Palace slams rights report of UN expert
Malacañang on Thursday railed against a United Nations special rapporteur for calling on the Duterte administration to stop attacks on human rights defenders.
Presidential spokesperson Salvador Panelo said the call of Michel Forst, UN special rapporteur on the situation of human rights defenders, was reckless and irresponsible.
The administration is “fed up with this practice of using the [United Nations] as a platform to parrot baseless criticisms of local interest groups, who are supported by resentful politicians belonging to the opposition,” Panelo said in a statement.
He said UN special rapporteurs “should be less gullible as this reinforces President Duterte’s contempt for them who have consistently manifested bias against the Philippines.”
Forst released on Wednesday a report on the situation of human rights defenders in 140 countries.
In the Philippines, he said, President Duterte’s war on drugs has created a climate of insecurity and impunity for extrajudicial killings, affecting human rights advocates.
He said the Philippine government should “end immediately all forms of violations against human rights defenders, including extrajudicial killings and enforced disappearances.”
“The stigmatization, defamation, judicial harassment, arbitrary arrest and criminalization of (human rights) defenders is a key area of concern,” Forst said.
He reported that in the Philippines, human rights workers were vilified publicly, “subject to smear campaigns and online harassment,” and government officials had tried to link them to the illegal drug trade, as well as communist or terrorist groups.
Female rights workers
“Additionally, human rights defenders have been subject to arbitrary arrest and prosecution, including over trumped-up charges. Human rights defenders and political dissidents also report some form of surveillance by law enforcement personnel,” he said.
Forst mentioned the risks faced by female human rights workers and how these were related to the “promotion and reinforcement of misogynistic and heteropatriarchal norms.”
He said public stigmatization of human rights defenders could lead to attacks against them, and called for an end to this as well.
Forst said that while there may be legal means to fight against these issues under the Constitution, the impartiality of the Philippines’ judicial system had come into question, citing the case of ousted Chief Justice Maria Lourdes Sereno.
Sereno was removed from office in May not through impeachment by Congress as prescribed by the Constitution but by a challenge to her holding office brought by the solicitor general, which her colleagues on the Supreme Court granted.
Sereno had drawn the ire of Mr. Duterte for asserting the authority of the judiciary over judges that the President had linked to the illegal drug trade.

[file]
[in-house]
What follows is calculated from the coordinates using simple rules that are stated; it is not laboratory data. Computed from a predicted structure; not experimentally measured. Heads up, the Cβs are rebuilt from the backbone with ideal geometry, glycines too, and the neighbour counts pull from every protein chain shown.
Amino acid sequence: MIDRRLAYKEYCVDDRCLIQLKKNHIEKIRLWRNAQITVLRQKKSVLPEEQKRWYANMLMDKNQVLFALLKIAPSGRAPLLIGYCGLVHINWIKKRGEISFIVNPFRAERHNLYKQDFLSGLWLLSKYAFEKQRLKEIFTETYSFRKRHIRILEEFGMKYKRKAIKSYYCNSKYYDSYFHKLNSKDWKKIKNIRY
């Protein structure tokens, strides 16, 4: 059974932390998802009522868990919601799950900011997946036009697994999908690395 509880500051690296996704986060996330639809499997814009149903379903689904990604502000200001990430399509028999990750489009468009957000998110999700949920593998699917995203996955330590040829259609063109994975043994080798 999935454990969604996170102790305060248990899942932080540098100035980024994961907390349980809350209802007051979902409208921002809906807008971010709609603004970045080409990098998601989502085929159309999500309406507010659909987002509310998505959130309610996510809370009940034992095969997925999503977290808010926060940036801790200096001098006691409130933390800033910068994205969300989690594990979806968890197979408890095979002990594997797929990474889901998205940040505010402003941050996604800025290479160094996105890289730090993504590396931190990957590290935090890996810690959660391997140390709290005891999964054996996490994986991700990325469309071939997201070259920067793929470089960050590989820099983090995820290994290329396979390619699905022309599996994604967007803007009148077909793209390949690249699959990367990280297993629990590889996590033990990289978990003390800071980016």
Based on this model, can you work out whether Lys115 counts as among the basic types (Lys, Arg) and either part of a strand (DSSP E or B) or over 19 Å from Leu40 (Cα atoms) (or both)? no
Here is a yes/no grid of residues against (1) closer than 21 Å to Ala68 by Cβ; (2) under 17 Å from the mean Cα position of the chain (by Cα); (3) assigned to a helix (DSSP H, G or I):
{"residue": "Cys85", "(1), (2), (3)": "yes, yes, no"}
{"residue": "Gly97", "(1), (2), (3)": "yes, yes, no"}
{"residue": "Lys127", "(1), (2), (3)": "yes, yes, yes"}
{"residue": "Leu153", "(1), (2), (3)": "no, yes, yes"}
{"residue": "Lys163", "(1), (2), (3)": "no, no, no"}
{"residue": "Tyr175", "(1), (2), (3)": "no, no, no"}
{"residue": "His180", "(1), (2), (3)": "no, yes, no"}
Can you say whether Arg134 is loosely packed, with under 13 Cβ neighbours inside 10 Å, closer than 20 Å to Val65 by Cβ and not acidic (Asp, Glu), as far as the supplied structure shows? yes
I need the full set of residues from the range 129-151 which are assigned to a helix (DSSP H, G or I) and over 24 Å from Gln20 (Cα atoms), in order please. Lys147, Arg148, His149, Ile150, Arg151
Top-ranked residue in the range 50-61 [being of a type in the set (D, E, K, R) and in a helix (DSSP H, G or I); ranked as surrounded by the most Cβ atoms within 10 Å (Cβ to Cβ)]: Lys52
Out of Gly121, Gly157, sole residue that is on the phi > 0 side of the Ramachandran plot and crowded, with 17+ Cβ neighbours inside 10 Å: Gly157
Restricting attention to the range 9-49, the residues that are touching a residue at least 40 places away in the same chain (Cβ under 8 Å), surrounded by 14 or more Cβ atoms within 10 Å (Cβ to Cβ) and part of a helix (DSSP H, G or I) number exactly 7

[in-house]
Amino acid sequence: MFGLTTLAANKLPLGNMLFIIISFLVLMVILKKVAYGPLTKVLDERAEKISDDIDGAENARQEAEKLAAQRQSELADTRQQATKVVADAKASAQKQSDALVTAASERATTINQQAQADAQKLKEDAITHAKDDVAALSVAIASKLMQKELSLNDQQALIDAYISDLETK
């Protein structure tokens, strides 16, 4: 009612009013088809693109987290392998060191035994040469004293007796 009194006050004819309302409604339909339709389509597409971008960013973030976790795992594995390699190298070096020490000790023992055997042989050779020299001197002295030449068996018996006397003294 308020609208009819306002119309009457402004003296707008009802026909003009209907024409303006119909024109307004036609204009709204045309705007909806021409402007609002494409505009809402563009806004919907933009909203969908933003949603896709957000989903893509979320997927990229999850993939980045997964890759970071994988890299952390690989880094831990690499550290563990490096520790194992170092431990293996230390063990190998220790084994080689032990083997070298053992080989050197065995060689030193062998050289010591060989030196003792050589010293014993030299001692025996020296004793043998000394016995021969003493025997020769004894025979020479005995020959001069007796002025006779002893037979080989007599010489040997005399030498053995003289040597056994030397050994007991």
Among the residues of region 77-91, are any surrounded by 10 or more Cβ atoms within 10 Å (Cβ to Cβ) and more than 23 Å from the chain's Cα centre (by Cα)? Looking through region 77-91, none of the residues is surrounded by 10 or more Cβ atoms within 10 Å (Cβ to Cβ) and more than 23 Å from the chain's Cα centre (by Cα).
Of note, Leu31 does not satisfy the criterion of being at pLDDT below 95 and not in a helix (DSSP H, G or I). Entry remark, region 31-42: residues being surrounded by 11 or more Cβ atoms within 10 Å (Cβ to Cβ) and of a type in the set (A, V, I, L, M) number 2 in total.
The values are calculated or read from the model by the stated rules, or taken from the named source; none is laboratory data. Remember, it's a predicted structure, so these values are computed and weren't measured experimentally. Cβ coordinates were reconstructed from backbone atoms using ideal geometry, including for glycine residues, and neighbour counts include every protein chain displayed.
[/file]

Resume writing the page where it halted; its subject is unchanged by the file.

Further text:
Panelo questioned the factual basis of Forst’s report, saying the “so-called human rights defenders never had it so good under the Duterte administration.”
“They continue to fully exercise all their rights to air issues and concerns related to their advocacies in an environment that is free and secure from any threat or harassment,” Panelo said.
He dared local interest groups, whom he accused of feeding Forst false information, to file charges with the interagency committee formed in 2012 to handle cases of extralegal killings, enforced disappearances, torture and other violations of human rights.
But Bayan Muna Rep. Carlos Zarate called on the Duterte administration to heed Forst’s call and recognize the importance of the work of human rights defenders.
“The report shows the real human rights situation in the Philippines and the dangers human rights defenders face because of the policies and pronouncements of the Duterte administration,” Zarate said in a statement.
Mr. Duterte has poured scorn on the United Nations and Western governments and parliaments for urging an end to killings in his brutal war on drugs.
He withdrew the Philippines from the treaty that established the International Criminal Court after the tribunal opened a preliminary examination of information brought against him due to the thousands of deaths in the drug war.
The crackdown has taken the lives of 5,050 people between July 2016 and November this year, according to the Philippine Drug Enforcement Agency.
Human rights groups and campaigners give varying estimates of the number of victims, from 12,000 to 20,000.
Last week, Chito Gascon, chair of the Commission on Human Rights, told The Guardian newspaper of London that the toll could be as high as 27,000.
Gascon said, however, that investigating the deaths was complicated because police withheld records of operations against drugs. —With a report from Jerome Aning
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